Those We Meet In Between
by Breanna Bright
It was winter, and the chill had cleansed the air so that everything was perfectly clear and transparent. A strand of the Milky Way was laced over the black sky. The stars exploded from it, flying towards the horizon.
Hundreds of years below them, a little one was watching, his eyes only able to see a small piece of the universe in the sky. His rosy lips part and a note suddenly took flight. It soared until it pierced the winter sky, and the stars began to fall. The black was left behind, and they floated gently down, millions of them, still white and glowing. They tested the earth and trees, filling the world that was once below them.
The child stood in the snow. The falling stars brushed his short hair and cheeks with an icy kiss. The babe made a wish on every single one. The same wish, praying that in the millions of falling stars filling the world with this new white, one might have the power to grant it.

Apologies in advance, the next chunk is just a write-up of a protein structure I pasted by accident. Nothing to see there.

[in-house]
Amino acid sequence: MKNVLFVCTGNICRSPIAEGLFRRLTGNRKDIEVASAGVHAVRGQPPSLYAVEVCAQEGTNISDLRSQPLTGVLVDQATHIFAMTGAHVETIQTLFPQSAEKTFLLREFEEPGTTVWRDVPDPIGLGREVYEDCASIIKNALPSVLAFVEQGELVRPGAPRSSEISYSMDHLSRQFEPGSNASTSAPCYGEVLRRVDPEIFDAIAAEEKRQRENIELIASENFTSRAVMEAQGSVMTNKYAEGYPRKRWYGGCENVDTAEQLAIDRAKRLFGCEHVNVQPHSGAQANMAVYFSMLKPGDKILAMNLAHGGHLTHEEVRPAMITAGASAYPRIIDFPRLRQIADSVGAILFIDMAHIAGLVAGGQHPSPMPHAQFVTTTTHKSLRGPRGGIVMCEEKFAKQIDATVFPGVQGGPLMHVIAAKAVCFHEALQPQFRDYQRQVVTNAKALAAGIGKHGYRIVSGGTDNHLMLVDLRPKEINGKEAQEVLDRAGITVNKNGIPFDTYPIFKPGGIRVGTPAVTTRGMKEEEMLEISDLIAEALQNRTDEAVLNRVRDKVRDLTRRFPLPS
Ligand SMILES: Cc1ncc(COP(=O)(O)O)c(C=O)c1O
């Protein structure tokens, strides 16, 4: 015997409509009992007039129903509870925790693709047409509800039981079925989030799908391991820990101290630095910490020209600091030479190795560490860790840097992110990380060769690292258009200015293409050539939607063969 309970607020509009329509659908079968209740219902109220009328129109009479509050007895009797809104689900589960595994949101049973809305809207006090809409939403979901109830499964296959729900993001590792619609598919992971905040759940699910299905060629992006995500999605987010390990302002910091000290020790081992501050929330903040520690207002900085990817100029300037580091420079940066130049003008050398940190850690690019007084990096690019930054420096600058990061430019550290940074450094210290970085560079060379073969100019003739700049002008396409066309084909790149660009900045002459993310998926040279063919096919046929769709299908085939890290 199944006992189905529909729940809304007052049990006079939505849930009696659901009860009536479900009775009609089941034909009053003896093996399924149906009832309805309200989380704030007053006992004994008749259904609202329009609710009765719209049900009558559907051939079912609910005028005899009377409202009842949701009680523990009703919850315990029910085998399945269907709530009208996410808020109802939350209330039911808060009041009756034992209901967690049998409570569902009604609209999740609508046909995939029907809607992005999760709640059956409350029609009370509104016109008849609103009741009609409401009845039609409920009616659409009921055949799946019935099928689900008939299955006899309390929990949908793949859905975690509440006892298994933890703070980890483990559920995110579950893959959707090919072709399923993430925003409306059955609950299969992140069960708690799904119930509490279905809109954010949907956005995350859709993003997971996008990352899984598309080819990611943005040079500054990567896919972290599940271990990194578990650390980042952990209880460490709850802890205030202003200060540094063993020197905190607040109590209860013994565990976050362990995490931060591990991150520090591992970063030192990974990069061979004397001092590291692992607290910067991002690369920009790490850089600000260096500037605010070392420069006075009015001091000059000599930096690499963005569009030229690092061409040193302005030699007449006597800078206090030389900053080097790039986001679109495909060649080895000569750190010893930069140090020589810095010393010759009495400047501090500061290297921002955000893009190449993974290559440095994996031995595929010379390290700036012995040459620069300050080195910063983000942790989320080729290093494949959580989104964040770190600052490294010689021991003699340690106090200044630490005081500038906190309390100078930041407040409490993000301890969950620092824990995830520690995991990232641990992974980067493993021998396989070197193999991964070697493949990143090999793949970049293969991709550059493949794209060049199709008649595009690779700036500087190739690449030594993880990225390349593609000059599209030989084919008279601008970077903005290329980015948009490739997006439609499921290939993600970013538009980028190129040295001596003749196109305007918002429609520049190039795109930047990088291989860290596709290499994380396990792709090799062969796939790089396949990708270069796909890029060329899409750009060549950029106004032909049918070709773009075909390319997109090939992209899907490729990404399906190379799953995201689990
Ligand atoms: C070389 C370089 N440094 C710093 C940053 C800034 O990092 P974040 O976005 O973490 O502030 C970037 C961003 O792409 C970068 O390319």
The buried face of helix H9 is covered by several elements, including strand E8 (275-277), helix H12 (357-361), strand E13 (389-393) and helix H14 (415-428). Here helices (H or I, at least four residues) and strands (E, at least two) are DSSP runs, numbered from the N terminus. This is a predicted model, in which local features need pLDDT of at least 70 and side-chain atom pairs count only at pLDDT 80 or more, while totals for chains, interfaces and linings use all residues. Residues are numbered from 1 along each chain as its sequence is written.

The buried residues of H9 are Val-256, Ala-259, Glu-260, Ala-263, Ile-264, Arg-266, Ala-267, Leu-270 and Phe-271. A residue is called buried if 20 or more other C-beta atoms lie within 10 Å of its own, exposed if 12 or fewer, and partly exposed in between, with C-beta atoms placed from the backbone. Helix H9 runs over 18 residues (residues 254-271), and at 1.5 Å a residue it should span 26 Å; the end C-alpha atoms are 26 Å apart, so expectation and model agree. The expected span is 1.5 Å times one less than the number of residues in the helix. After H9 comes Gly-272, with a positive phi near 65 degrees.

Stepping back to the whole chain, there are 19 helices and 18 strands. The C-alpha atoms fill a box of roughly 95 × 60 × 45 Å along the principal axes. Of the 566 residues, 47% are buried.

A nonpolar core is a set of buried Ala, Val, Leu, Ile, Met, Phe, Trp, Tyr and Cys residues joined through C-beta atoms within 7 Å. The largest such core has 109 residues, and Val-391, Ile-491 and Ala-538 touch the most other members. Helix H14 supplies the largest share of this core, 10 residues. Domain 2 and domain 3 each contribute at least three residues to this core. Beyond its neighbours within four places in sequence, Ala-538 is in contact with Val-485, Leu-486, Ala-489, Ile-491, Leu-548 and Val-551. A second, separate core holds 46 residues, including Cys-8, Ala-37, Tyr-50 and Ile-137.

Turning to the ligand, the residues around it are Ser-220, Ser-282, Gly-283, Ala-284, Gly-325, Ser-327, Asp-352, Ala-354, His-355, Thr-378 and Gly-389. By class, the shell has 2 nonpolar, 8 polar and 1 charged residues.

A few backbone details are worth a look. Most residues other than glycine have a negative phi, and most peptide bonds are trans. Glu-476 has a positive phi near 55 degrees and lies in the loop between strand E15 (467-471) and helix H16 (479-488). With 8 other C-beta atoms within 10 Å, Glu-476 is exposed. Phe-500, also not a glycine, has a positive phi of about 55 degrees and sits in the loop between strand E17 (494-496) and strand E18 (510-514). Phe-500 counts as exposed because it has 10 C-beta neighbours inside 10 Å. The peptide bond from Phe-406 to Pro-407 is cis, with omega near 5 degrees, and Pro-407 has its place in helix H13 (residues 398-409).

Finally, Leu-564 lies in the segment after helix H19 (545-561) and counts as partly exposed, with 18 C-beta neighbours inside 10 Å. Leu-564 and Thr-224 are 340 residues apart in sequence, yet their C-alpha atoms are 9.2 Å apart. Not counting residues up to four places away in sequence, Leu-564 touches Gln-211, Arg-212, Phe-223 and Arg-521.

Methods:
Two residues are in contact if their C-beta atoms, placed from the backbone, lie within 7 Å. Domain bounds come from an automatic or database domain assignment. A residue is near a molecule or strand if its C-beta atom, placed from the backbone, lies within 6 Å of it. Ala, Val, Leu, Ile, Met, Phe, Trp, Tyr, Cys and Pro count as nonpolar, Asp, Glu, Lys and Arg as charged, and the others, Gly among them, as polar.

One snowflake passed by, catching the wind. The snowflake rode it high over the child’s head, going higher over the trees, so that it seemed that it might take back its original place as a star in the black sky.
Instead the snowflake landed against a limply open palm. The owner of which sleepily opened his eyes and stared at the flake - it did not melt in his hand. The snowflake whispered tales of the universe, since the beginning, living and falling from the sky, dying and being reborn of its own matter. Of being the largest thing ever conceived in the ether, then falling as a tiny snowflake to the humble Earth. Out of place from all these tales was a wish someone had made upon it. A duty it was given that it could not grant.
The stranger blew of stream of white breath, sending the snowflake back into the air. The receiver followed it. The tiny flake took its time, dancing along the breeze, drifting between the tree branches back towards the ground, where the small child stood all alone, shivering. There were no footprints, the child stood in the untainted field as if he too had fallen from the sky. The snowflakes that flowed passed drifted to the stranger, all whispering to him the same wish.
The stranger watched the child. His blue lips still chanted the prayer to the falling snowflakes, singing it softly.